Return to The most beautiful chess move ever played (thing)

The scene is Breslau, Germany, the sixth round of the German Open Chess Championships, in a quiet tournament hall surrounded by a gallery of spectators, and the year is 1912. A strong player, Stephan Lewitzky, who at this point was one of Russia's most promising young masters, is playing the legendary American player Frank Marshall. Frank was the US champion from 1906 to 1936, and was one of the strongest players in the world, a feared tactician famous for his vicious and complicated attacks.

Lewitzky, playing White, has not been playing his best, and has been on the defensive for most of the game, and now he is in dire straits. Marshall has just captured his knight on h3, and he can't capture back because he will lose his queen to a knight fork on f3, so in desperation he has moved his rook to c5, attacking Marshall's queen. He hopes to hang on for a few more moves, and possibly to get counterplay against White's king, but Marshall's next move ends the game abruptly.

The entire score of the game is given in the notes below.

+----+----+----+----+----+----+----+----+
|    |    |    |    |    | r  | k  |    |
+----+----+----+----+----+----+----+----+ 
| p  | p  |    |    |    |    | p  | p  |
+----+----+----+----+----+----+----+----+
|    |    |    |    | p  |    |    |    | 
+----+----+----+----+----+----+----+----+
|    |    | R  |    |    |    | Q  |    | 
+----+----+----+----+----+----+----+----+
|    |    |    | n  |    |    |    |    | 
+----+----+----+----+----+----+----+----+
|    |    | q--|----|----|----|->  | r  | 
+----+----+----+----+----+----+----+----+
| P  |    | P  |    |    | P  | P  | P  | 
+----+----+----+----+----+----+----+----+ 
|    |    |    |    |    | R  | K  |    |
+----+----+----+----+----+----+----+----+

Marshall played 23...Qg3!!, one of the strangest and most spectacular moves ever played in a game of tournament chess. His queen can be captured on this square in 3 different ways, all of which lead to a lost position or checkmate:

  • 24.hxg3 Ne2++ (checkmate from the knight, with the rook on h3 covering the king's escape squares)
  • 24.fxg3 Ne2+ 25.Kh1 Rxf1++
  • 24.Qxg3 Ne2+ 25.Kh1 Nxg3+ 26.Kg1 (the knight cannot be captured - 26.hxg3 is impossible because the h-pawn is pinned to the king, and 26.fxg3 Rxf1++ is checkmate) 26...Ne2+ 27.Kh1 Rc3 - Black is a clear piece up, and with the queens off the board the position is an easy win.

All other moves lose quickly due to the double threat of checkmate on h2 with the queen, and the capture of White's queen on g5. Lewitzky therefore did the honourable thing, and resigned.

Marshall described this as "The most elegant move I have ever played." This concept of elegance or beauty in chess is something that is almost impossible to explain to a non-chess player, because the beauty resides in factors which are very specific to the rules of the game - the harmonious interaction of the pieces involved, the unexpectedness of the move in a relatively simple position, the thrill of sacrificing one's most powerful piece to force a win. If chess players did not universally share this sensation of beauty in certain moves, then it would not be possible to explain the lasting and seemingly timeless attraction of the game, or how more books have come to be written on chess than all other games and sports combined. Like the chilling vibrato at the height of a virtuoso violinist's cadenza, it is possible for a chess move to electrify both the players and the audience.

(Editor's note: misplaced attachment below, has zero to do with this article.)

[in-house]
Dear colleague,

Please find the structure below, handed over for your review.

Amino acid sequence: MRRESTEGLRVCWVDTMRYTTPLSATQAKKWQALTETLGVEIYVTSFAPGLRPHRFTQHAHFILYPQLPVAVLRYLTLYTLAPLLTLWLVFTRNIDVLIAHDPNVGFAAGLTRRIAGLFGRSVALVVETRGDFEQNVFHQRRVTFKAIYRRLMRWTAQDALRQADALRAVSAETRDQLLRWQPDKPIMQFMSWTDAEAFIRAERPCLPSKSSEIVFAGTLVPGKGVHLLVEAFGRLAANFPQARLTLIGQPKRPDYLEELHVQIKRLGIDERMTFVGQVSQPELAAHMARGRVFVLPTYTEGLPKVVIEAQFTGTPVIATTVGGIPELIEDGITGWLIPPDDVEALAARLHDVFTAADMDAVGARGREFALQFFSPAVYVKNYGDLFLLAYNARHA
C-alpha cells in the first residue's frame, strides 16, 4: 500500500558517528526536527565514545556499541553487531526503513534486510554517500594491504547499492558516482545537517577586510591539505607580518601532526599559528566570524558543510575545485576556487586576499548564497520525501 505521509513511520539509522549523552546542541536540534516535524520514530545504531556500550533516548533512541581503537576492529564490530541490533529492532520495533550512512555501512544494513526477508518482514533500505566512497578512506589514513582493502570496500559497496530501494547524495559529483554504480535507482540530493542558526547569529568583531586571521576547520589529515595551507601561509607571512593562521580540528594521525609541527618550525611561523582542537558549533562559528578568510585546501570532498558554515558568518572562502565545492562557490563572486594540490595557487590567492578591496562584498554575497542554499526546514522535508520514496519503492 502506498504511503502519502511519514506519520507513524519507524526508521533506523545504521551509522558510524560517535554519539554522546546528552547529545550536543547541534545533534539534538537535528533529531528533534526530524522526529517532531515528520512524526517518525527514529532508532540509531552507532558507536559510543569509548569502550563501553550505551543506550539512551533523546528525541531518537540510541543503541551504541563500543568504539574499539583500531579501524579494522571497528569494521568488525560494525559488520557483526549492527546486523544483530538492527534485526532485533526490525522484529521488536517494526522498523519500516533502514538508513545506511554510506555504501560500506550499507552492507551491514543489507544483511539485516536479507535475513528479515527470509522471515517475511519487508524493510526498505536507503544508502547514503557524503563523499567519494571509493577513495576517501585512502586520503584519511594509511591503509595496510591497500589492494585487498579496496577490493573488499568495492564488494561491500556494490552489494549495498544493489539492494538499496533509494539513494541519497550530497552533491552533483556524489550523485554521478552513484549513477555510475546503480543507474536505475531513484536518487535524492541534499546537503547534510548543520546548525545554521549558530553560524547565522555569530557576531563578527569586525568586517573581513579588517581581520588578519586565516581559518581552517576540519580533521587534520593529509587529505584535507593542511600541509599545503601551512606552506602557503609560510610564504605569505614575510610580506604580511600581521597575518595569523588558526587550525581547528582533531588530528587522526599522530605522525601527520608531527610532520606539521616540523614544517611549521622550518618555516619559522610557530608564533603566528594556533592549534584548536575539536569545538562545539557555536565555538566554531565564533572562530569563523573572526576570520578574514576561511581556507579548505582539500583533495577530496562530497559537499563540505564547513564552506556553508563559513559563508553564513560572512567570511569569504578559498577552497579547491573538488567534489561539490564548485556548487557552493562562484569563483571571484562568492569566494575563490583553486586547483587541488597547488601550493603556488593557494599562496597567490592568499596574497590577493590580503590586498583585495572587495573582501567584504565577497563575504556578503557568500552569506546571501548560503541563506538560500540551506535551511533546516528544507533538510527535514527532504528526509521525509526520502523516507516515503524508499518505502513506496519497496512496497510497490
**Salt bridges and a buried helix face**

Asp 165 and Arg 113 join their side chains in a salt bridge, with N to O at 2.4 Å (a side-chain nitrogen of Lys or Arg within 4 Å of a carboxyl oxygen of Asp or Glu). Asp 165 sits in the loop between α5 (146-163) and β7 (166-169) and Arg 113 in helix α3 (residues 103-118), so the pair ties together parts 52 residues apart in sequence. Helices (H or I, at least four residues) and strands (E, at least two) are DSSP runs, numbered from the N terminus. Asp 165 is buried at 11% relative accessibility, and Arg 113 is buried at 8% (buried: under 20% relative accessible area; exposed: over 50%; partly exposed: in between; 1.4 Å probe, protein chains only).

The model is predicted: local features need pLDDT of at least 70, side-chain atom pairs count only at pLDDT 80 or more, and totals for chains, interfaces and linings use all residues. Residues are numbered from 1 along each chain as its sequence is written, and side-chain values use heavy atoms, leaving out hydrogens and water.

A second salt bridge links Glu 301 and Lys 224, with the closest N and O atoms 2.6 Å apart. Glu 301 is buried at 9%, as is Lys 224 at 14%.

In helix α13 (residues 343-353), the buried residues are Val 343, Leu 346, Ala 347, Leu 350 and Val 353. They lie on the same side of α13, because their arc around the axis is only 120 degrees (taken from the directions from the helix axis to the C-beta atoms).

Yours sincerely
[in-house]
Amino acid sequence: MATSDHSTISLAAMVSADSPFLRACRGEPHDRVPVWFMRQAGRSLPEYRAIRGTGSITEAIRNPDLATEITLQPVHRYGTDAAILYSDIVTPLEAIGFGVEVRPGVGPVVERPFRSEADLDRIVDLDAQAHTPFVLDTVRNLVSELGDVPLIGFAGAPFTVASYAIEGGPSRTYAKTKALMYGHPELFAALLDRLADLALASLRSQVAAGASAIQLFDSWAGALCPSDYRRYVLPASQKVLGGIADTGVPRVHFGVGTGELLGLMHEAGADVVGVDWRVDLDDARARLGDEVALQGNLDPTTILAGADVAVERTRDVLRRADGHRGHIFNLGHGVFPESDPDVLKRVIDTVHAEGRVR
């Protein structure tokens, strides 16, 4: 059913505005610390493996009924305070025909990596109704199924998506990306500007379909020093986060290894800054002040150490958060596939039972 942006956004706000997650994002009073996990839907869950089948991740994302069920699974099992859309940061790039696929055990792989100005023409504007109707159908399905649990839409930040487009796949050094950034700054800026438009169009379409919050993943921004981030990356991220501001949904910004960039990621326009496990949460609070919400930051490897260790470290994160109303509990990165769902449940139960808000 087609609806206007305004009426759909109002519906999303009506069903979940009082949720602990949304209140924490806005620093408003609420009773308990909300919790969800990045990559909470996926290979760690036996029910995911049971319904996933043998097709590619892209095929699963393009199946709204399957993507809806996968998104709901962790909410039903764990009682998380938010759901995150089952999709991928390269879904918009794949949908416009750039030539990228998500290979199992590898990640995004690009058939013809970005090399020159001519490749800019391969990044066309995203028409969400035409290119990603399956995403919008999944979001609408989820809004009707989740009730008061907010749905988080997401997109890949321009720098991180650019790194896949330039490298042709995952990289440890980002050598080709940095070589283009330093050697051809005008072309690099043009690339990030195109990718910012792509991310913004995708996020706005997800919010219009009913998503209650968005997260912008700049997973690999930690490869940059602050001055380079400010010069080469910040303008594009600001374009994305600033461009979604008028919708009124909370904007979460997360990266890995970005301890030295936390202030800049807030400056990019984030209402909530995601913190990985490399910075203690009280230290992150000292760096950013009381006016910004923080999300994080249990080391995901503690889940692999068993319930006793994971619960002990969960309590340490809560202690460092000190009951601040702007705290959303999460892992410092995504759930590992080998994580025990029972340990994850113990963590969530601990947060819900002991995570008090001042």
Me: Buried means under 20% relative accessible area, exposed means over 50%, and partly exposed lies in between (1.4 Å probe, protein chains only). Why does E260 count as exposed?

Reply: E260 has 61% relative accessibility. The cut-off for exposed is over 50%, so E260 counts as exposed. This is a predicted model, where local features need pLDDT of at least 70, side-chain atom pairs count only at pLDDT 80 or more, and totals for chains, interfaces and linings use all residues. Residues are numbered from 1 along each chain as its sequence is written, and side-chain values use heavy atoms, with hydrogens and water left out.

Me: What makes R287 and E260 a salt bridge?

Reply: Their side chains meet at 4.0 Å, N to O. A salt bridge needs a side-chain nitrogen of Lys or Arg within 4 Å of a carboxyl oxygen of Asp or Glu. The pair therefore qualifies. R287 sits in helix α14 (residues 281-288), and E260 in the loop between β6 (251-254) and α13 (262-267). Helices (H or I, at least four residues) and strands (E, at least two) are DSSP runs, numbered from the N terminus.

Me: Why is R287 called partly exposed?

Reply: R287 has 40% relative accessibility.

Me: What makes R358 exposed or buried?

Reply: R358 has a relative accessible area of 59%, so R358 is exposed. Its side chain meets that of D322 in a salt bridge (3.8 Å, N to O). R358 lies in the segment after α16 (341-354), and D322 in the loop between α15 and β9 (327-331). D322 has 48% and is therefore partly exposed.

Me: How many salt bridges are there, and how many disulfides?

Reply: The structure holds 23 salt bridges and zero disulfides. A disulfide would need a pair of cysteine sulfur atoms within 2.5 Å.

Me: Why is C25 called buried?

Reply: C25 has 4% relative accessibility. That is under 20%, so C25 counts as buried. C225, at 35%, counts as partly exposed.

In this case, the spectators in the gallery were said to be so astounded by Marshall's move that they showered the board with gold roubles after the game, and Marshall himself confirmed this story, though many sources say that the coins were in fact payments made by angry gamblers who had been betting on the outcome.

The move has ensured both Marshall and Lewitzky's immortality in the world history of chess, and is universally praised by chess critics and analysts. The only reason that the full game itself does not appear on most peoples' lists of the best chess games ever played is that, up to that point, and mainly due to Lewitzky's poor form, the quality of play had not been very high. One brilliant move can't make a brilliant game, but it can make you famous.


The full game: 1.d4 e6 2.e4 d5 3.Nc3 c5 4.Nf3 Nc6 5.exd5 exd5 6.Be2 Nf6 7.0-0 Be7 8.Bg5 0-0 9.dxc5 Be6 10.Nd4 Bxc5 11.Nxe6 fxe6 12.Bg4 Qd6 13.Bh3 Rae8 14.Qd2 Bb4 15.Bxf6 Rxf6 16.Rad1 Qc5 17.Qe2 Bxc3 18.bxc3 Qxc3 19.Rxd5 Nd4 20.Qh5 Ref8 21.Rde5 Rfh6 22.Qg5 Rxh3 23.Rc5 Qg3 0-1

+----+----+----+----+----+----+----+----+
|    |    |    |    |    | r  | k  |    |
+----+----+----+----+----+----+----+----+ 
| p  | p  |    |    |    |    | p  | p  |
+----+----+----+----+----+----+----+----+
|    |    |    |    | p  |    |    |    | 
+----+----+----+----+----+----+----+----+
|    |    | R  |    |    |    | Q  |    | 
+----+----+----+----+----+----+----+----+
|    |    |    | n  |    |    |    |    | 
+----+----+----+----+----+----+----+----+
|    |    |    |    |    |    | q  | r  | 
+----+----+----+----+----+----+----+----+
| P  |    | P  |    |    | P  | P  | P  | 
+----+----+----+----+----+----+----+----+ 
|    |    |    |    |    | R  | K  |    |
+----+----+----+----+----+----+----+----+

Annotation and commentary (Warning - the annotation and analysis is done by an amateur player, and is NOT very accurate in places): http://www.angelfire.com/games3/AJs01Downloads/html_stuff/gcm_lev-mar_1g0.html
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